And then, make right on the royalty. Some type of a bare minimum. But, you’re not going to get away with zero. I personally think that in terms of the royalty, you need to stick to what you said. I know we didn’t have a contract, but Jon Epstein and Dr. Frachey promised me that I would be paid 2% of what I’ve built. So 2% of 3 billion is 60 million dollars.

What would make it ultimately right — if I was in FILA’s position and I realized the errors of my ways — I would say we need to collaborate. We should be doing collaborations. They should’ve done it then, and we can still do it now. And obviously, it should be paid and credited. That would be the right right thing in my opinion.

The Disruptor 2 was designed by Cyrus Davis in 1995, released in 1996, and accounts for 95% of FILA USA’s sales. While the silhouette reinvigorated the brand and drastically increased its valuation, unlike Tinker Hatfield and Virgil Abloh, we don’t know Cyrus-El’s name. Not only has Cyrus-El been denied recognition and compensation by the brand he helped build, but he has spent decades being placated, silenced, and abused in the sneaker industry.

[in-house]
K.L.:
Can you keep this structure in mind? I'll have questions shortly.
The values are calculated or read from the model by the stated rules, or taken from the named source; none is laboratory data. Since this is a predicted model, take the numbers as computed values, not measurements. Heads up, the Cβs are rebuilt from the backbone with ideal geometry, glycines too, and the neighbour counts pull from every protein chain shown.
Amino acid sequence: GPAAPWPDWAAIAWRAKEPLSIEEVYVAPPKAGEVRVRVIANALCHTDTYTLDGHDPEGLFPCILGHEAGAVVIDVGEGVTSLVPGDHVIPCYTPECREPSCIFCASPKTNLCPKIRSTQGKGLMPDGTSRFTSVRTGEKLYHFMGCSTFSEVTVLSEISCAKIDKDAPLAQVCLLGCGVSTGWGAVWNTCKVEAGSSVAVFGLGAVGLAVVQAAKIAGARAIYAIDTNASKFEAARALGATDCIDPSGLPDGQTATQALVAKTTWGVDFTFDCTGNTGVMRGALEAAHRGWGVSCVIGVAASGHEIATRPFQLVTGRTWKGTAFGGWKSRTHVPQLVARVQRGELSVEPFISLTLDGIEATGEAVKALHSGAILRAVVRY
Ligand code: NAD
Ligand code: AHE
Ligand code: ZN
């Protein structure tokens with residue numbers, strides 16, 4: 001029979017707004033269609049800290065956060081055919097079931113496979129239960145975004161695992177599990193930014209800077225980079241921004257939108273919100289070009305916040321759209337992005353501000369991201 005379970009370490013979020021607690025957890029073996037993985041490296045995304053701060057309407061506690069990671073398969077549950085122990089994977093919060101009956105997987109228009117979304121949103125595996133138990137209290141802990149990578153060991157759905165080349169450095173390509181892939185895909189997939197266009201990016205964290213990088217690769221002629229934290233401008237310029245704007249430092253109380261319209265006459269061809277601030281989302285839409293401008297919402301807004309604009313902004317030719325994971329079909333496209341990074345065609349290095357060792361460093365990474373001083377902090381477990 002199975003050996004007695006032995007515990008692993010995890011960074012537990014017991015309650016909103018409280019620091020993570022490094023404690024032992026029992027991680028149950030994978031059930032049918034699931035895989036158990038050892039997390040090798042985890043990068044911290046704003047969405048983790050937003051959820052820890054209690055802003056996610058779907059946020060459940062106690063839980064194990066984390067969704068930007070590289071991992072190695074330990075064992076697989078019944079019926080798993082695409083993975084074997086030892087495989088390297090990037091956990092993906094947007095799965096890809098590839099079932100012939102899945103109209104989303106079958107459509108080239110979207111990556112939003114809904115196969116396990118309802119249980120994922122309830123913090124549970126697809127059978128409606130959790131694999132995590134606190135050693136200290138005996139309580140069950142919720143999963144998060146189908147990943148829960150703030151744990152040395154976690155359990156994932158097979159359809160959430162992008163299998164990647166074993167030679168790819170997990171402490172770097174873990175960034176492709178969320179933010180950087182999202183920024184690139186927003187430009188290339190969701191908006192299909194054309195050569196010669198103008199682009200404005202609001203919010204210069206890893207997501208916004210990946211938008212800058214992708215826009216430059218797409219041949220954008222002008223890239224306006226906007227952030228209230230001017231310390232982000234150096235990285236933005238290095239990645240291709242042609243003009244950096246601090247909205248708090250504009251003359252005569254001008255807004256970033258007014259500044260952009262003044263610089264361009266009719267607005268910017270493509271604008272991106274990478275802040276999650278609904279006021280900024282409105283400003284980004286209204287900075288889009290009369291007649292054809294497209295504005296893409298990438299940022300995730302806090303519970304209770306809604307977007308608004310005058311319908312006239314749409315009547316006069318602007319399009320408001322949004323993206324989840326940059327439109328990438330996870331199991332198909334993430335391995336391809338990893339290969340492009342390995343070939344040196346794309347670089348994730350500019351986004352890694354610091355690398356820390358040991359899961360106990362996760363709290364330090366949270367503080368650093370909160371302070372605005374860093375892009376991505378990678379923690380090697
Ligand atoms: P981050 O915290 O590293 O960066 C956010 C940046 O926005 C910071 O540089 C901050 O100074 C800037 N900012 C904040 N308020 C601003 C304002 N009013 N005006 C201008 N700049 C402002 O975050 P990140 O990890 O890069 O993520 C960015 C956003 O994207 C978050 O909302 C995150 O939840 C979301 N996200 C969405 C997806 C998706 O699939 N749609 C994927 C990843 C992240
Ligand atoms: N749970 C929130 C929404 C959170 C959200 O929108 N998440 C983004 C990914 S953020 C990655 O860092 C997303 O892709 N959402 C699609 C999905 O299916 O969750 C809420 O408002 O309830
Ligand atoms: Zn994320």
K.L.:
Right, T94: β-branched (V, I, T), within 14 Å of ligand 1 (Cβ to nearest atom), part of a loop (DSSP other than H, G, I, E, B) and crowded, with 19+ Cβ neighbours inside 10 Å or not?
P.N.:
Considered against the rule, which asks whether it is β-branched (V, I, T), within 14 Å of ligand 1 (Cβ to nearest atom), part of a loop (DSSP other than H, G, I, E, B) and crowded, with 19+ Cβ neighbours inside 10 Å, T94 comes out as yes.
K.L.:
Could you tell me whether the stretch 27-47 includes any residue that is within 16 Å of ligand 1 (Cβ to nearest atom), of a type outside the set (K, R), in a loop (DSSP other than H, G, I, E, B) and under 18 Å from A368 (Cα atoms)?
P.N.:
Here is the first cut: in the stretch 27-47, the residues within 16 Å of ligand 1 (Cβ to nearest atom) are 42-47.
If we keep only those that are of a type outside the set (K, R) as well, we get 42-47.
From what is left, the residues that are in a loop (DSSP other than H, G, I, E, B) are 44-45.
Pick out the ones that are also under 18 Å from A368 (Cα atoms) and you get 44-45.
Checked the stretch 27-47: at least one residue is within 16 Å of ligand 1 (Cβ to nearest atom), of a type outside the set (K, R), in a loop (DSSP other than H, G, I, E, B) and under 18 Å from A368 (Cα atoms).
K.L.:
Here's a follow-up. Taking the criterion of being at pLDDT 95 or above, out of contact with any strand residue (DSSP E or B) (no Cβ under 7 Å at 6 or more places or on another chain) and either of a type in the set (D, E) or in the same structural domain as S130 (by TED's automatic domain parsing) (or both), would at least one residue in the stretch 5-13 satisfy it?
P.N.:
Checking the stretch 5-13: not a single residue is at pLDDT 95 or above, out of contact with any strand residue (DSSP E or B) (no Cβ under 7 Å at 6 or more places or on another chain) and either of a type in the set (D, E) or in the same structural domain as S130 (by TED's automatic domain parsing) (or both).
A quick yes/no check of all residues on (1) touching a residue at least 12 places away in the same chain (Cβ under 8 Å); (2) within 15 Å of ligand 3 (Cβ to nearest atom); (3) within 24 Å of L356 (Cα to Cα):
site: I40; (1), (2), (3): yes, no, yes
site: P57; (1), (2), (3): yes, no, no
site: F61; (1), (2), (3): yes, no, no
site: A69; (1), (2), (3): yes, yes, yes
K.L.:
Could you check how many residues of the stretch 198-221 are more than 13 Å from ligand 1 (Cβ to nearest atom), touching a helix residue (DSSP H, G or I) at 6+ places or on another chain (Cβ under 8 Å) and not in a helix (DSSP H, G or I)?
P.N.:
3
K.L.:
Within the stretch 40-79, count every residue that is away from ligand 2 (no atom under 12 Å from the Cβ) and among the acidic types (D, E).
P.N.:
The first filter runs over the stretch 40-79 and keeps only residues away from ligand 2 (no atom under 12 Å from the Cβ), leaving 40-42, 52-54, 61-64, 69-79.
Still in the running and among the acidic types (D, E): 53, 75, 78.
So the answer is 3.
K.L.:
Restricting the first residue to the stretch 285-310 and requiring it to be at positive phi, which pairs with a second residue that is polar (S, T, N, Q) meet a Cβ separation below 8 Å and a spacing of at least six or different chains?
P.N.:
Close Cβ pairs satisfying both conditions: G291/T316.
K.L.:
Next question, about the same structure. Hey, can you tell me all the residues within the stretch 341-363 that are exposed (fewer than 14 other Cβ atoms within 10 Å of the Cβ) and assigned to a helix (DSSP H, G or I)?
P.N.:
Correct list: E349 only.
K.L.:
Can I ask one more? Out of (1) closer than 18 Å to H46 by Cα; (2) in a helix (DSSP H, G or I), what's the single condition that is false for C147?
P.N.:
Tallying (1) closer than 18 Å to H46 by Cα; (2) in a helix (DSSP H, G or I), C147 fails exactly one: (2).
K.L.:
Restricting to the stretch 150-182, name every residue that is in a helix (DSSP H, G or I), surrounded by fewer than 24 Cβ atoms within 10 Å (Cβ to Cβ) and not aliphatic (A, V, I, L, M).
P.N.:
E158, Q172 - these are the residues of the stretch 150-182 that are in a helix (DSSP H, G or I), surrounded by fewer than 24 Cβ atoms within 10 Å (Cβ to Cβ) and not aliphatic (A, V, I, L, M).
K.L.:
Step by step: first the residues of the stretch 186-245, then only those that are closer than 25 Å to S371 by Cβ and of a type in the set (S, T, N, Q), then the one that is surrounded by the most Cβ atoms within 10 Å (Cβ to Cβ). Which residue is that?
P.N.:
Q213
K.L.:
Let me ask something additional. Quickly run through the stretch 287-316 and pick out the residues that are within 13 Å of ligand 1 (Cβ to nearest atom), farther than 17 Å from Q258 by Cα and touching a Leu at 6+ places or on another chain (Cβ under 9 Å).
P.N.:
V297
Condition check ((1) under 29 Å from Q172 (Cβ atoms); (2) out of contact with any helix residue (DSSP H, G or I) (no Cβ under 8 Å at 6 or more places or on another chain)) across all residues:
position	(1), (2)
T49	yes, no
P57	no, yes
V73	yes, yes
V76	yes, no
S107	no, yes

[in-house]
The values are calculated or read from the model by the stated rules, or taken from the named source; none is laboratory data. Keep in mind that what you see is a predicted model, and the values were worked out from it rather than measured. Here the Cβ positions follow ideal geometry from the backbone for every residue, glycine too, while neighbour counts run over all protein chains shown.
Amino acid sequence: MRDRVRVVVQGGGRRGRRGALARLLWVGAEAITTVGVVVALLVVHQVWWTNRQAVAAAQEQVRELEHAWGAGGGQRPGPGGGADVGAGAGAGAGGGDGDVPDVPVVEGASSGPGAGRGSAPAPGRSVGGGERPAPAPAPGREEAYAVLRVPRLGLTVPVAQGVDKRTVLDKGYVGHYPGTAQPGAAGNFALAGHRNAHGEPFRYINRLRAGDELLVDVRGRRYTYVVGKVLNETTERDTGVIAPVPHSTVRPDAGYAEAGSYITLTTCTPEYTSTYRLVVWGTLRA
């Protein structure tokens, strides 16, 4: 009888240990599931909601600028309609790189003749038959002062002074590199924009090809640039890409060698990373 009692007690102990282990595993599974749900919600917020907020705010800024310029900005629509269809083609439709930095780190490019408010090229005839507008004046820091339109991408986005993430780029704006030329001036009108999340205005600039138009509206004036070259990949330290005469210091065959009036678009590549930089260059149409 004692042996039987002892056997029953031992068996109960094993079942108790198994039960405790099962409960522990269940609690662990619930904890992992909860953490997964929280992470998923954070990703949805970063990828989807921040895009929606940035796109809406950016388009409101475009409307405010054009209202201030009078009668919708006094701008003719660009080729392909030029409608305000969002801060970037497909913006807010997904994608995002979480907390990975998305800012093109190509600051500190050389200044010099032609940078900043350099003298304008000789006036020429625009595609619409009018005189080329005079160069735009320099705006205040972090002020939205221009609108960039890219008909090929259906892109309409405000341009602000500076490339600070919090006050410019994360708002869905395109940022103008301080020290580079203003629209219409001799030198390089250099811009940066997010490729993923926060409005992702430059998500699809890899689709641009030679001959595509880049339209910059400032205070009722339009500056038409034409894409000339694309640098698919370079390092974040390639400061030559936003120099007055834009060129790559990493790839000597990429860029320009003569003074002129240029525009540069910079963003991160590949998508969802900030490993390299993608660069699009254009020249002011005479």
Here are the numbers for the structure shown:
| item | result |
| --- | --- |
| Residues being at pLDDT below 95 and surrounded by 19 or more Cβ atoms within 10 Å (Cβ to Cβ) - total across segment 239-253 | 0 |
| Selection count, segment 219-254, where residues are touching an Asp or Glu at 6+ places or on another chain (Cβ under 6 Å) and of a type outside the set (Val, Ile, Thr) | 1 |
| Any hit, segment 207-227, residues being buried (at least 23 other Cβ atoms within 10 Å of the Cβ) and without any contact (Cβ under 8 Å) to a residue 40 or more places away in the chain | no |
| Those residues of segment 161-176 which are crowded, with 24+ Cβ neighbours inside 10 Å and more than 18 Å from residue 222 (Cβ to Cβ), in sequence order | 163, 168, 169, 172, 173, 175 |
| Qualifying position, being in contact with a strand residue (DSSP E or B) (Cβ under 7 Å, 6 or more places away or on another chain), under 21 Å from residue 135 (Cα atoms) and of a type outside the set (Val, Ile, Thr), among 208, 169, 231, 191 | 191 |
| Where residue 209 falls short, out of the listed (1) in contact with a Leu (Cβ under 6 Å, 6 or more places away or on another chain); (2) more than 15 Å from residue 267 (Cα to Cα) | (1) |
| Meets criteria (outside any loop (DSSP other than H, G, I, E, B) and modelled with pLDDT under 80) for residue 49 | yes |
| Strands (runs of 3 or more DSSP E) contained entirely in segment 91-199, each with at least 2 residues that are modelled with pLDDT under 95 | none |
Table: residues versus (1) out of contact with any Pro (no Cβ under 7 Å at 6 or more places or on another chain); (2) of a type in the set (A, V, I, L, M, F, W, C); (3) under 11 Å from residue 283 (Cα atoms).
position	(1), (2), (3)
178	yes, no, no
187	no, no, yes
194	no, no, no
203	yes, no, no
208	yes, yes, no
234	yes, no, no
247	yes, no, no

Conversations between Cyrus-El and FILA concerning the bigotry, abuse, and unpaid royalties he faced ended on May 22, ironically at the height of today’s social and political revolution. On June 1, while actively fighting this discrimination case, FILA donated $100K in support of Black lives, though they continue to evade Cyrus-El and celebrate his. FILA, we need answers.

To keep up with the #FILAScandal: